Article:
“No!” she cried. “Don’t sell your soul!”
Such was one reaction I received upon suggesting that I might pursue stable isotope analyses in the future. Alternative reactions have leaned more towards the ooh-that-could-be-interesting end of the spectrum. This division is probably due to the fact that stable isotope analysis – while not exactly the newest kid on the block – is certainly one of the latest “big things” in environmental archaeology. As a result, views can get polarized between those who think it’s the most exciting thing since radiocarbon dating, and those who think that more traditional studies are actually far more useful than this new-fangled wizardry which, in any case, sometimes tells us very little.
It’s a general policy of Farming Unearthed to be very agreeable – I simply don’t have a taste for fierce debate. So I was very happy to find an article in the new edition of Medieval Archaeology which uses stable isotope analysis as part of a suite of methods, in order to address a fairly straightforward question: how were pigs managed at Dudley Castle in the 14th century?
Hamilton & Thomas (2012) begin by outlining the whole question of pig management – very useful if, like me, you’ve never managed a pig. The basic dichotomy is between free-ranging (especially in woodland – “pannage”) and enclosed husbandry (i.e. foddering them in a sty). They argue, essentially, that pig husbandry at Dudley Castle, between the mid-13th and late 14th centuries, shifted from a pannage- to a sty-based system.
So what’s the evidence?
Exhibit A is the most “traditional” form of zooarchaeological evidence: basically, counting the number of bones identifiable to each species in an assemblage. In this case, the proportion of pig bones (relative to cattle and sheep) falls quite sharply between the mid-13th and late 14th centuries.
Exhibit B expands on this, to identify a general increase in the size of the pigs over this same period.
Exhibit C is another contemporary trend towards the slaughter of younger pigs (up to 3 years old) – as identified in dental and bone-fusion data (for a good introduction to the ageing of animal skeletons, try O’Connor 2000, pp.80-97).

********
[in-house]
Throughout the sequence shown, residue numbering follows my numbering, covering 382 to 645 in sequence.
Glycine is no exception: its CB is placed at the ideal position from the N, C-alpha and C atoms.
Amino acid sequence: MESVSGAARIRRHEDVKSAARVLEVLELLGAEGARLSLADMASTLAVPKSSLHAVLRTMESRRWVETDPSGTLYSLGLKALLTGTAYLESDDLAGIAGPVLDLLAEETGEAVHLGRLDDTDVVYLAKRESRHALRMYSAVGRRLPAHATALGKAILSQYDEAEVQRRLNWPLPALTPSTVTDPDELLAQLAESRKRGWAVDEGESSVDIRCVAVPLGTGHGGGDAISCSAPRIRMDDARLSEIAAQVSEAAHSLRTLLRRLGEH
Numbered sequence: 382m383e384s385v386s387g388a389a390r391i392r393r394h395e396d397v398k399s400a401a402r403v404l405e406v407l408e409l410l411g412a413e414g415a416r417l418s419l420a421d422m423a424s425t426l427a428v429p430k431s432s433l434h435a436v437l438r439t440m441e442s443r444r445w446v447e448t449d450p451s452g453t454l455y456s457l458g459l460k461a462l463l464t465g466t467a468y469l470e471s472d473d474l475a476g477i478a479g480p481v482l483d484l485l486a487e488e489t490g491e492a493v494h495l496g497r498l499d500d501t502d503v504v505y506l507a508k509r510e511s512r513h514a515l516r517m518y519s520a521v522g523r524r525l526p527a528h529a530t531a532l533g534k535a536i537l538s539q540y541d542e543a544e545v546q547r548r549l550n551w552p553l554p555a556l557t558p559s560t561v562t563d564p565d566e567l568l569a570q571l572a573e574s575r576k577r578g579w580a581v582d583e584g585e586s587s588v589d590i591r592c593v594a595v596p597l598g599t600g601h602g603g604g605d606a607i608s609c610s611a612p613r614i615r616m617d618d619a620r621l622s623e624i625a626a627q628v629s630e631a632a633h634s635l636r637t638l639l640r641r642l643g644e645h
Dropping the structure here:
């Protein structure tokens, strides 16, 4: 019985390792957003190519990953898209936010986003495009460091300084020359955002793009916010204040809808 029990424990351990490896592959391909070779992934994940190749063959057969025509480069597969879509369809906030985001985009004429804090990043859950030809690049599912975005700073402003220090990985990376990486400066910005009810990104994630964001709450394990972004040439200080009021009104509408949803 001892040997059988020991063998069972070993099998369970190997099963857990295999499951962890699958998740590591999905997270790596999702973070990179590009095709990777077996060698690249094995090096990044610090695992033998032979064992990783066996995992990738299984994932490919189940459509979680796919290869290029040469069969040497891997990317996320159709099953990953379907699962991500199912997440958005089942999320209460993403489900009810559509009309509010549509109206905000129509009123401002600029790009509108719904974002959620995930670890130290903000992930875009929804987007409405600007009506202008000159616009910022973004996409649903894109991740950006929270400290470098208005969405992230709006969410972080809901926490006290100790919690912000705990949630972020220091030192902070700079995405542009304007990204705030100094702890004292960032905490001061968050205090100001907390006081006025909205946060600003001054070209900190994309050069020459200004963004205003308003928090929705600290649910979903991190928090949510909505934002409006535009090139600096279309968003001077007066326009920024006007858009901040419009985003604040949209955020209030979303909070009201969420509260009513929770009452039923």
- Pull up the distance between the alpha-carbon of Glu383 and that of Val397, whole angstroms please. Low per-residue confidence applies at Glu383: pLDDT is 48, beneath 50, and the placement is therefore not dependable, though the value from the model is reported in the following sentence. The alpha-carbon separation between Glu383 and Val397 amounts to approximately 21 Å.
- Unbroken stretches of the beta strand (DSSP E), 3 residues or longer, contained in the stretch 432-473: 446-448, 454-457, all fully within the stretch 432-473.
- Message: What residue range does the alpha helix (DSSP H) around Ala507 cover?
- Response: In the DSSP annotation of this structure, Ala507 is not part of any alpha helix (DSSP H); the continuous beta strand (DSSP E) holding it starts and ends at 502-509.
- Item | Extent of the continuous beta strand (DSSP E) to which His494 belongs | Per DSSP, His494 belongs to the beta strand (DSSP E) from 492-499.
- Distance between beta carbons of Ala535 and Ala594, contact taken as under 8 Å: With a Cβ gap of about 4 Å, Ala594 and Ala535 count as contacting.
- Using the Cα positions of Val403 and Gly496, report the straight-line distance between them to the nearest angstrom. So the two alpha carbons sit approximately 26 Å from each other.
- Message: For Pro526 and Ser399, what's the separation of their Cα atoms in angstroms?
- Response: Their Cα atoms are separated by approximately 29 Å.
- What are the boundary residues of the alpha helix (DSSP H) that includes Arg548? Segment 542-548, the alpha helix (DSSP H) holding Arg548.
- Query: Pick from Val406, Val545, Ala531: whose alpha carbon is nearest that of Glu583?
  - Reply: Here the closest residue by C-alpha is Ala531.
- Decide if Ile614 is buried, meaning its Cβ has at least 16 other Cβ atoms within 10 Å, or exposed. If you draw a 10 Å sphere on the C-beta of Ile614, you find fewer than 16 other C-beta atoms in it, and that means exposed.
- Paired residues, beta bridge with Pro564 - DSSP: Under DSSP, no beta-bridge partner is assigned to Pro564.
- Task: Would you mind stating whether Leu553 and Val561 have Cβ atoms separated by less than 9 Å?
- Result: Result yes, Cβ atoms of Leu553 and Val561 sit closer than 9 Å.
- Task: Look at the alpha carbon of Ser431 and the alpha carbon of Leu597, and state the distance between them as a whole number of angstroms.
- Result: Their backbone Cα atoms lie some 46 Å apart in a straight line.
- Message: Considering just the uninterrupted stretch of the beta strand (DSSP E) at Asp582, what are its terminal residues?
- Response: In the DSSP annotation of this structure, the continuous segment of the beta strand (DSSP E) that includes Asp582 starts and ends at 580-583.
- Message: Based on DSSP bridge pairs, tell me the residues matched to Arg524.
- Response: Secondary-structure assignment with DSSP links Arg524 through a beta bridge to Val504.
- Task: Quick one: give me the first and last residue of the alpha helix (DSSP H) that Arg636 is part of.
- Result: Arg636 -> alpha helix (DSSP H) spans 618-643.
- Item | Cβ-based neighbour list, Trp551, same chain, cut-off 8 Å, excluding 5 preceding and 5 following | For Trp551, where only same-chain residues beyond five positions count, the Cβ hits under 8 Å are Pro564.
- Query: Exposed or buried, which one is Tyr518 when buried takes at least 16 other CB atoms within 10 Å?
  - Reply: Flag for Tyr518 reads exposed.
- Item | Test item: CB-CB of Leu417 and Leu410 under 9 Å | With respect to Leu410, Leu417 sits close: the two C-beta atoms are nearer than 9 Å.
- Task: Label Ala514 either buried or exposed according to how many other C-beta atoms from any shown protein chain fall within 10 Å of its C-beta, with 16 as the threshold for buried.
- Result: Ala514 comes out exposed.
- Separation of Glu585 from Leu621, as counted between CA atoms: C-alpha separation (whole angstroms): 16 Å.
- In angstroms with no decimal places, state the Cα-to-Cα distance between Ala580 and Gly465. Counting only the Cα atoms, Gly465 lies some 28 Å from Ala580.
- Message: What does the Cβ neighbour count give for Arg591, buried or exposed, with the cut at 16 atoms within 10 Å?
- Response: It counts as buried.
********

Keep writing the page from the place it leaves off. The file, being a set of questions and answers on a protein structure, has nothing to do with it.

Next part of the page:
Which, of course, leaves us with Exhibit D – the isotopes.
This kind of analysis requires good preservation of collagen, a protein component of bone, in order to examine the protein sources of the animal (or indeed human) in question. Hamilton & Thomas put it succinctly on page 237:
“The ratio of the heavier to the lighter isotope… [for carbon and nitrogren] …varies in characteristic ways across the food web, and is preserved and measurable in archaeological body tissues.”
As with abundance, size and age, the pig isotope ratios show clear differences between the mid-13th and late 14th centuries.
So what do all these changes suggest?
Well, the increased size of the pigs seems to suggest “a closer management of pig breeding” in some shape or form. The increase in the slaughter of younger pigs could, it is suggested, be a direct consequence of this: bigger pigs can be culled younger because they don’t take as long to fatten up. But also, some very young pigs present in the later phase are considered indicative of local breeding – on the basis that neonatal mortalities are unlikely to be present unless piglets were actually born at the site.
The carbon isotope ranges of the later phase are apparently considerably narrower than in the earlier phase, suggesting a more uniform diet for the pigs (the young piglets’ isotopes show a suckling signature, which is rather neat). Meanwhile, the nitrogen values decrease over time. Hamilton & Thomas consider three different explanations for this, and favour an increase in legumes in the pigs’ diet – since leguminous plants, as nitrogen fixers, could result in lower nitrogen values.
The overall decline in the relative abundance of pigs is rather more ambiguous, but would at least be consistent with a shift from extensive pig husbandry (lots of pigs, little effort) to intensive pig management (fewer pigs, more effort) – an intensive system which involved closer localised management of breeding (= bigger & younger pigs) and also controlled foddering with a strong leguminous element, as the Dudley Castle folk cast their pulses before swine (= lower nitrogen values).
As always, I’ve simplified what is actually a highly detailed and well-argued paper. But even so, I hope that this review demonstrates the way in which “traditional” and “novel” methods can be combined to produce a pretty convincing model. Hopefully we’ll see more work like this in the future!
Hamilton, J. and Thomas, R. 2012. “Pannage, pulses and pigs: isotopic and zooarchaeological evidence for changing pig management practices in later medieval England”, Medieval Archaeology 56, pp.234-259.
O’Connor, T. 2000. The Archaeology of Animal Bones (Stroud).